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Clin Exp Immunol. 1987 May;68(2):384-91.

Role of the pineal gland in immunity: II. Melatonin enhances the antibody response via an opiatergic mechanism.

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Istituto Cantonale di Patologia, Locarno, Switzerland.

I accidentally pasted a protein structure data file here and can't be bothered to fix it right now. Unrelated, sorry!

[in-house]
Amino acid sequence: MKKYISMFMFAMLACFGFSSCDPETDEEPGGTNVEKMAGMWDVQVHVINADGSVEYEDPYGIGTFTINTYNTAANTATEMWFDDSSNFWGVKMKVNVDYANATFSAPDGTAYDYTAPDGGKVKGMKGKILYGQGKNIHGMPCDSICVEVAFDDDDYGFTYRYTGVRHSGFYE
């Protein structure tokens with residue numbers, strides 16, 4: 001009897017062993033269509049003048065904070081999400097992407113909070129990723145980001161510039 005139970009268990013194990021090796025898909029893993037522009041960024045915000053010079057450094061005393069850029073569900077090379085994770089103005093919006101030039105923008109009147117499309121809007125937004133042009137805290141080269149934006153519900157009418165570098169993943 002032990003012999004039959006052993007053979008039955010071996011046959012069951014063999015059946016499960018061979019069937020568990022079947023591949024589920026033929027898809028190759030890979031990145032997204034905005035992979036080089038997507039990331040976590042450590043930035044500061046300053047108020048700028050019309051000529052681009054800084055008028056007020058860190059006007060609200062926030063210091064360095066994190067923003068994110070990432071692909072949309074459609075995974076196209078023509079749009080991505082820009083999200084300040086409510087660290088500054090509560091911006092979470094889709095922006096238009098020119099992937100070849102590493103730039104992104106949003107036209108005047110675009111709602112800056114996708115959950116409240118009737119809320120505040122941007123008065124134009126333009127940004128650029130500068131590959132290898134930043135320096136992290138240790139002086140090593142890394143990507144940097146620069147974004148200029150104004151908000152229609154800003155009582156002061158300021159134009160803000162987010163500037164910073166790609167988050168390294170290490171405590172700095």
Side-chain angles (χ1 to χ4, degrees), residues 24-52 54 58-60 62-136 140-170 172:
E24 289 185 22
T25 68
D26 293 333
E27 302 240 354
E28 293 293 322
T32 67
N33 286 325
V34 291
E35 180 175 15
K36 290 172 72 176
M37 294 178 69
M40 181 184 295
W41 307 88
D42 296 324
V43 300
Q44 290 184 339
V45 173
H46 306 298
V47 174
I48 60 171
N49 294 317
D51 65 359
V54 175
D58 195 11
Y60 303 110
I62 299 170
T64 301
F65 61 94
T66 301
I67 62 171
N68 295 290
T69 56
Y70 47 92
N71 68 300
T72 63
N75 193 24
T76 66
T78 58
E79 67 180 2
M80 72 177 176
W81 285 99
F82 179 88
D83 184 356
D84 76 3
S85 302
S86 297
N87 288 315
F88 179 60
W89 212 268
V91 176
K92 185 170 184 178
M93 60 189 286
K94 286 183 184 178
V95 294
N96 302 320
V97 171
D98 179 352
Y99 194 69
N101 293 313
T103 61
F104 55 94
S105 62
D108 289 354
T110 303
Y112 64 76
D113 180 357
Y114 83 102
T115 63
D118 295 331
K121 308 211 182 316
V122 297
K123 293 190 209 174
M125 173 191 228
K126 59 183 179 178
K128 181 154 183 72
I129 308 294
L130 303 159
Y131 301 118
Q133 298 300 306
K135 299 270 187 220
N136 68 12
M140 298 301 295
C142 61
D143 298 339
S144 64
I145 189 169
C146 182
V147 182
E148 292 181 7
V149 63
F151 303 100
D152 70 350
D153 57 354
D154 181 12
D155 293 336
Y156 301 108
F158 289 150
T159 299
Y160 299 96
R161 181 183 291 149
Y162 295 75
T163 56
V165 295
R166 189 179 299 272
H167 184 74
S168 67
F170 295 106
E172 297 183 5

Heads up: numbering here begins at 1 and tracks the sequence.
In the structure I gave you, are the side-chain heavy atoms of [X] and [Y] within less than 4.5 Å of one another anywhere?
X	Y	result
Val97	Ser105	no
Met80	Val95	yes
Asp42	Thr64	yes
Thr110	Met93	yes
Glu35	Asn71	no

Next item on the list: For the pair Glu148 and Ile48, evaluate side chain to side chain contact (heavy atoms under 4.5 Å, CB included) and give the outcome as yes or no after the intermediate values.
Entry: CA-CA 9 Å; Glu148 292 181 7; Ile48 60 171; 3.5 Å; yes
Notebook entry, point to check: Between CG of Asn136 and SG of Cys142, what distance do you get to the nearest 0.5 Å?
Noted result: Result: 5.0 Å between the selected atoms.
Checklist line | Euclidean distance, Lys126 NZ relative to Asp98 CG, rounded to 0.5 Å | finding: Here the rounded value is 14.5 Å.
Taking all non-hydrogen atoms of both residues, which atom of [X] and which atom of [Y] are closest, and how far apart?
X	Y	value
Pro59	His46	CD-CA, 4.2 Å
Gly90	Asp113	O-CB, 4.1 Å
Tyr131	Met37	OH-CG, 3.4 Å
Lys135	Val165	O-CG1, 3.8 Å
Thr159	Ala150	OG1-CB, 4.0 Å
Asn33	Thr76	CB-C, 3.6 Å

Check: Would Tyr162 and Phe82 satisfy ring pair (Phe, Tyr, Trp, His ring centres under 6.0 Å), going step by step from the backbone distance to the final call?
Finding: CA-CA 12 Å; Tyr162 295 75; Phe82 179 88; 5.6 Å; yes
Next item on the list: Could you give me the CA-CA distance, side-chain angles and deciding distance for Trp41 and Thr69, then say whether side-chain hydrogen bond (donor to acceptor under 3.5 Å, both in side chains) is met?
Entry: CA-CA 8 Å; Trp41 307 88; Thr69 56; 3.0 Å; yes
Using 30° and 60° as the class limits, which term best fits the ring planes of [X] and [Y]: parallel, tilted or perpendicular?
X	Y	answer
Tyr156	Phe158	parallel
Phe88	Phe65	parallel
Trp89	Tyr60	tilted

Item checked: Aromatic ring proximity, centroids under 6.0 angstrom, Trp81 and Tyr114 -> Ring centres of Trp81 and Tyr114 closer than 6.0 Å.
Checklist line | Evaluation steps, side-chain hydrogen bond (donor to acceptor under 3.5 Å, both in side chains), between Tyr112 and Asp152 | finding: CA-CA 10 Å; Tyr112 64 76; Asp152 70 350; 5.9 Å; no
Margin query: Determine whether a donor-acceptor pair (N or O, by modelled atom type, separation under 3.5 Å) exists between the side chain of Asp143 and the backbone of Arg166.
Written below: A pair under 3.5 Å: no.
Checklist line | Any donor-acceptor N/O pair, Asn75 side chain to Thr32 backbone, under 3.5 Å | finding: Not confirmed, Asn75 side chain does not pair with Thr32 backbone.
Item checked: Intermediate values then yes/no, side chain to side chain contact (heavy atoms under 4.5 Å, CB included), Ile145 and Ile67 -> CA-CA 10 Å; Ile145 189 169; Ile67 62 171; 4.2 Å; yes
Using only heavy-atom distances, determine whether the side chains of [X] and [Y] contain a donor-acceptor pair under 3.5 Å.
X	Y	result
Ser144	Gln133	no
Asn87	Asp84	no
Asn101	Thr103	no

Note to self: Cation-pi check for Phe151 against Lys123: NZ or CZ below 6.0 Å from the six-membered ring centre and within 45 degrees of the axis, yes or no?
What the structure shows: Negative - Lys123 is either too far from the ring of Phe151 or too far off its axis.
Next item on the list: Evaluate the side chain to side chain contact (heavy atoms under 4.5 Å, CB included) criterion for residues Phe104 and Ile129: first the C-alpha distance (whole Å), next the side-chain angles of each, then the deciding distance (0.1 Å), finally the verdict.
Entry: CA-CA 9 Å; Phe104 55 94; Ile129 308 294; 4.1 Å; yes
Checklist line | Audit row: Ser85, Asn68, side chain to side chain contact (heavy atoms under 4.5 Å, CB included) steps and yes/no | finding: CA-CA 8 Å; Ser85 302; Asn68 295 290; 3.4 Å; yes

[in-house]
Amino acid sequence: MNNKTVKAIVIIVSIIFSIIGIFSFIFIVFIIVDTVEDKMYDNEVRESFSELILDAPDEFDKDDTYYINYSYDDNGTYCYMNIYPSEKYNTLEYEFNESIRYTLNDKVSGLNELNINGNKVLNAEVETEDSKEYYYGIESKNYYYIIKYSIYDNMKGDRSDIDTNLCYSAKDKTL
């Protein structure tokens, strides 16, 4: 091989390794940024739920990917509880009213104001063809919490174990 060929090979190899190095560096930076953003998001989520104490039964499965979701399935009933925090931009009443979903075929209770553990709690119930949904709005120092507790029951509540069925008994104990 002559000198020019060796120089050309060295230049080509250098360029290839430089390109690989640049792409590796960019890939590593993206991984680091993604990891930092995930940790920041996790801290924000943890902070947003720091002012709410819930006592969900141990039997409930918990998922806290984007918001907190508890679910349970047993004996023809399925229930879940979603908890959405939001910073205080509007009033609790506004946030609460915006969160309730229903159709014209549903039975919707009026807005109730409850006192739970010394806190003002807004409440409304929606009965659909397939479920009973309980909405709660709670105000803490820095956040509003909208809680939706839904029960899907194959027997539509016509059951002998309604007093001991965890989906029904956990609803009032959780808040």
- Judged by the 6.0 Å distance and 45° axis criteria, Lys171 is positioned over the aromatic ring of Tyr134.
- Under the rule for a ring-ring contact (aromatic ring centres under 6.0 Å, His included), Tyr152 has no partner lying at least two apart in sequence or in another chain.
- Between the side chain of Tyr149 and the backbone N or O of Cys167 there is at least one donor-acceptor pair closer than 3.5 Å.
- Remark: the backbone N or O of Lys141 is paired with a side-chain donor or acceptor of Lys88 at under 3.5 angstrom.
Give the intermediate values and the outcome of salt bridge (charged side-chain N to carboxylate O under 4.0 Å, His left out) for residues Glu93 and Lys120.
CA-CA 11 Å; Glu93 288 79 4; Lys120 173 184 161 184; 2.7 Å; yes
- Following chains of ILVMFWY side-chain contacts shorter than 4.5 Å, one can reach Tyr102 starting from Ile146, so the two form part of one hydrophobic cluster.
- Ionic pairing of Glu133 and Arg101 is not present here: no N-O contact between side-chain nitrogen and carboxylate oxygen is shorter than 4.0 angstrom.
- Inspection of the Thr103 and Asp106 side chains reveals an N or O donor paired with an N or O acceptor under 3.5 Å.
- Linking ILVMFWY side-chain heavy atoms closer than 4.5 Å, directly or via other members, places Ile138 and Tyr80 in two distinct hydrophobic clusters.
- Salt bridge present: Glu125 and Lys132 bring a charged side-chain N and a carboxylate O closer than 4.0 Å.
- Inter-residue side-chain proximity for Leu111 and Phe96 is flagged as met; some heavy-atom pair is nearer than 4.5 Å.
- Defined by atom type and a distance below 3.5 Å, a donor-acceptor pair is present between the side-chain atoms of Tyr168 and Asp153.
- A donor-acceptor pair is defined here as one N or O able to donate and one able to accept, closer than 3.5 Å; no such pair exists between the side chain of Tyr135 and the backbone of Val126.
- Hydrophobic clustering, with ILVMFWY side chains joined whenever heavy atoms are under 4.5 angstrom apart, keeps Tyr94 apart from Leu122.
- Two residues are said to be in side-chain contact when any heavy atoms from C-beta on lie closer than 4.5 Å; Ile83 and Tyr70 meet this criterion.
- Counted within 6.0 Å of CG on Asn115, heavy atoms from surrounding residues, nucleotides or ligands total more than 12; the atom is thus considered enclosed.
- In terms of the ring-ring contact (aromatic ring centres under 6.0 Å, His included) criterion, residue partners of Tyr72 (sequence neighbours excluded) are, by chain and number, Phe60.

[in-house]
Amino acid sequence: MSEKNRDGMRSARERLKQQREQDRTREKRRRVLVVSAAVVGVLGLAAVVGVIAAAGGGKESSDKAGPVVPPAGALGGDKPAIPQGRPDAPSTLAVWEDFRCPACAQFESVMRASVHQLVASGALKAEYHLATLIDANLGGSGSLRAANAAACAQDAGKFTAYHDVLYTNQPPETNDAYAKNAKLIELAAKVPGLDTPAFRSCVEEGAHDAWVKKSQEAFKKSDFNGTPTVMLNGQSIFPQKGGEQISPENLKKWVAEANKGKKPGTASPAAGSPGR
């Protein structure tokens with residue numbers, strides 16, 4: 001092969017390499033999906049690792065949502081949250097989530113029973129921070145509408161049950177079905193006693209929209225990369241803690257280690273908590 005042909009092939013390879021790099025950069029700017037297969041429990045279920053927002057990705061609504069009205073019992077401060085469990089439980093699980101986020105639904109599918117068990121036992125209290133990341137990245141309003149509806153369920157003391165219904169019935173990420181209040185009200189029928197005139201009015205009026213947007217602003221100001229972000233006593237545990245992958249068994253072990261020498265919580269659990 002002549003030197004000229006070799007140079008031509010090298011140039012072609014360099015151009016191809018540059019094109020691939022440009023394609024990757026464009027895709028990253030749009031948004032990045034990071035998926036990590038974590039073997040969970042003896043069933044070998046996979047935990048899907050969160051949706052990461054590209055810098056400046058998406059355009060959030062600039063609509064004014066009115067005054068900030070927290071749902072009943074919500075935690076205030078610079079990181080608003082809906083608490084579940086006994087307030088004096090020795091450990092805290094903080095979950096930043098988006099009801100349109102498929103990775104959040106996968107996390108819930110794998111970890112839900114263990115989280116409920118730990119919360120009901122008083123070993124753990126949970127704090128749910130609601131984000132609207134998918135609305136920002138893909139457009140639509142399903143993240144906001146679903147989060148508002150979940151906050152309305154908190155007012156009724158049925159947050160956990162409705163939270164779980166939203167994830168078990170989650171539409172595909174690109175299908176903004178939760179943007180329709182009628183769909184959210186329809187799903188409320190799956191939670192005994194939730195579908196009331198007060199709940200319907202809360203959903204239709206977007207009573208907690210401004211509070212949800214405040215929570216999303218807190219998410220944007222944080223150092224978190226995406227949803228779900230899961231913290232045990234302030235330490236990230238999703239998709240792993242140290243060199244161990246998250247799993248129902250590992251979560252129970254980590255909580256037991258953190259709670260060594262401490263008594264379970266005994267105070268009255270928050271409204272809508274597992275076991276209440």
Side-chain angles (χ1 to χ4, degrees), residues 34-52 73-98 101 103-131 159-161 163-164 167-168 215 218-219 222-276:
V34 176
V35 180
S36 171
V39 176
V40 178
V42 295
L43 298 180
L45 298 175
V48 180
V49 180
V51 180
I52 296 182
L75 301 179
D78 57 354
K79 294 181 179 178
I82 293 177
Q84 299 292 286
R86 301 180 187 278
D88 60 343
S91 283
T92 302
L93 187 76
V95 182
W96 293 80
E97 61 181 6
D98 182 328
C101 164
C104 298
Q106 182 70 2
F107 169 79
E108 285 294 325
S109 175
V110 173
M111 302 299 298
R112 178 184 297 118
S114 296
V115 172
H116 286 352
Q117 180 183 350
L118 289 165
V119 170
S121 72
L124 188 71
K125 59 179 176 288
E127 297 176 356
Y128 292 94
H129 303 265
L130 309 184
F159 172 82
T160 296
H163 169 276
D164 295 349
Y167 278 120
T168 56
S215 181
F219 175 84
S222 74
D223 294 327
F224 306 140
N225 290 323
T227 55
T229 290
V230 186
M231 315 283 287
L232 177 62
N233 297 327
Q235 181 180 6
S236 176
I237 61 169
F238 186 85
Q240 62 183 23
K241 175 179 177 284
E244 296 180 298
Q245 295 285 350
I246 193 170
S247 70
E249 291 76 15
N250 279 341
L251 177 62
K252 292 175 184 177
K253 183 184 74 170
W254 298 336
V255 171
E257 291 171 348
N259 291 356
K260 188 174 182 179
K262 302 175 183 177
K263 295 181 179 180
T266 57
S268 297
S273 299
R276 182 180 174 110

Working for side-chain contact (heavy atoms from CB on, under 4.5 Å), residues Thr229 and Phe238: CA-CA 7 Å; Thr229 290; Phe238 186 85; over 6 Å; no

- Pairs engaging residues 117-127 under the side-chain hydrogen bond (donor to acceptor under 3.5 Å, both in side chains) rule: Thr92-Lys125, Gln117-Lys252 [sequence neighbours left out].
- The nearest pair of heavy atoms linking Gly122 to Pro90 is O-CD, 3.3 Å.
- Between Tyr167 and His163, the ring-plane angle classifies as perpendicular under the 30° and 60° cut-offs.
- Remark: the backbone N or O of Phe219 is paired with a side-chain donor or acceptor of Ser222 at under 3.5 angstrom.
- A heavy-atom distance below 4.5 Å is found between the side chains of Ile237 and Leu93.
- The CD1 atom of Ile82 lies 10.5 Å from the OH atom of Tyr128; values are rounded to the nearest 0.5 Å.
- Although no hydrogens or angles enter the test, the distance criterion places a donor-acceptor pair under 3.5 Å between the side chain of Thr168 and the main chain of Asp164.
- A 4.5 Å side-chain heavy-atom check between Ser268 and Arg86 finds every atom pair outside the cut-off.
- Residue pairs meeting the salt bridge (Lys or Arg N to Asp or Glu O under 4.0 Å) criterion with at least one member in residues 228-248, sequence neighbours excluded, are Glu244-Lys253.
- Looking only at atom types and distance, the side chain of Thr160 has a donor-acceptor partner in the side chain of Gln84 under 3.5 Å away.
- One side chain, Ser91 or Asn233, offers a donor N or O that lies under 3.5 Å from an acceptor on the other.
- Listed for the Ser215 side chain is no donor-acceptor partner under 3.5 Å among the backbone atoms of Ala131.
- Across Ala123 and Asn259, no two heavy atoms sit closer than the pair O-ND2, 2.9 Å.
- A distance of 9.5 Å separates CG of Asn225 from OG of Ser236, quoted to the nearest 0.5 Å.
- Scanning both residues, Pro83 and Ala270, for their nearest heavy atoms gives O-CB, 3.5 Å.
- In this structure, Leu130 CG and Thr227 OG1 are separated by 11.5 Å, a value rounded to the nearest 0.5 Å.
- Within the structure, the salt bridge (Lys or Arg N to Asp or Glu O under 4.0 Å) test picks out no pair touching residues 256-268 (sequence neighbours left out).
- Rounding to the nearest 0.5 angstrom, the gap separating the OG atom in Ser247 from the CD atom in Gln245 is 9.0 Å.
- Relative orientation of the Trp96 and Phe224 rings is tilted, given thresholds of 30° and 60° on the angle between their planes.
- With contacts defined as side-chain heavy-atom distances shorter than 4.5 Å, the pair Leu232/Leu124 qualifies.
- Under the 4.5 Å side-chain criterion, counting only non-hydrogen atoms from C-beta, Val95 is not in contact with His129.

The pineal gland constitutes a major neuroendocrine organ in the brain. It transduces exogenous signals such as circadian and seasonal variations of light and temperature into proper hormonal changes which adjust and adapt internal endocrine functions. These pineal activities seem to be exerted via circadian synthesis and release of the indoleamine melatonin, a neurohormone secreted by the pineal itself. Alteration of circadian rhythms have been associated with affective disorders, psychosomatic diseases, cancer and many other pathologies. We have reported that functional and pharmacologic inhibition of melatonin synthesis results in depressed immune functions in vivo and that exogenous, evening administration of melatonin enhances antibody formation via an antigen-activated process and also antagonizes the immunosuppressive effects of corticosterone. We communicate here findings demonstrating that (a) three different inbred strains of mice possess a clear-cut cycle of melatonin levels in serum, (b) that melatonin administered in the evening enhances primary antibody response (IgM and IgG immunoglobulins) in vivo according to a dose-response behaviour and that (c) the opioid receptors blocker naltrexone antagonizes the immunostimulatory effect of melatonin. These findings point to a fundamental immunoregulatory role of circadian melatonin and to an activity of the neurohormone via opioid peptides.

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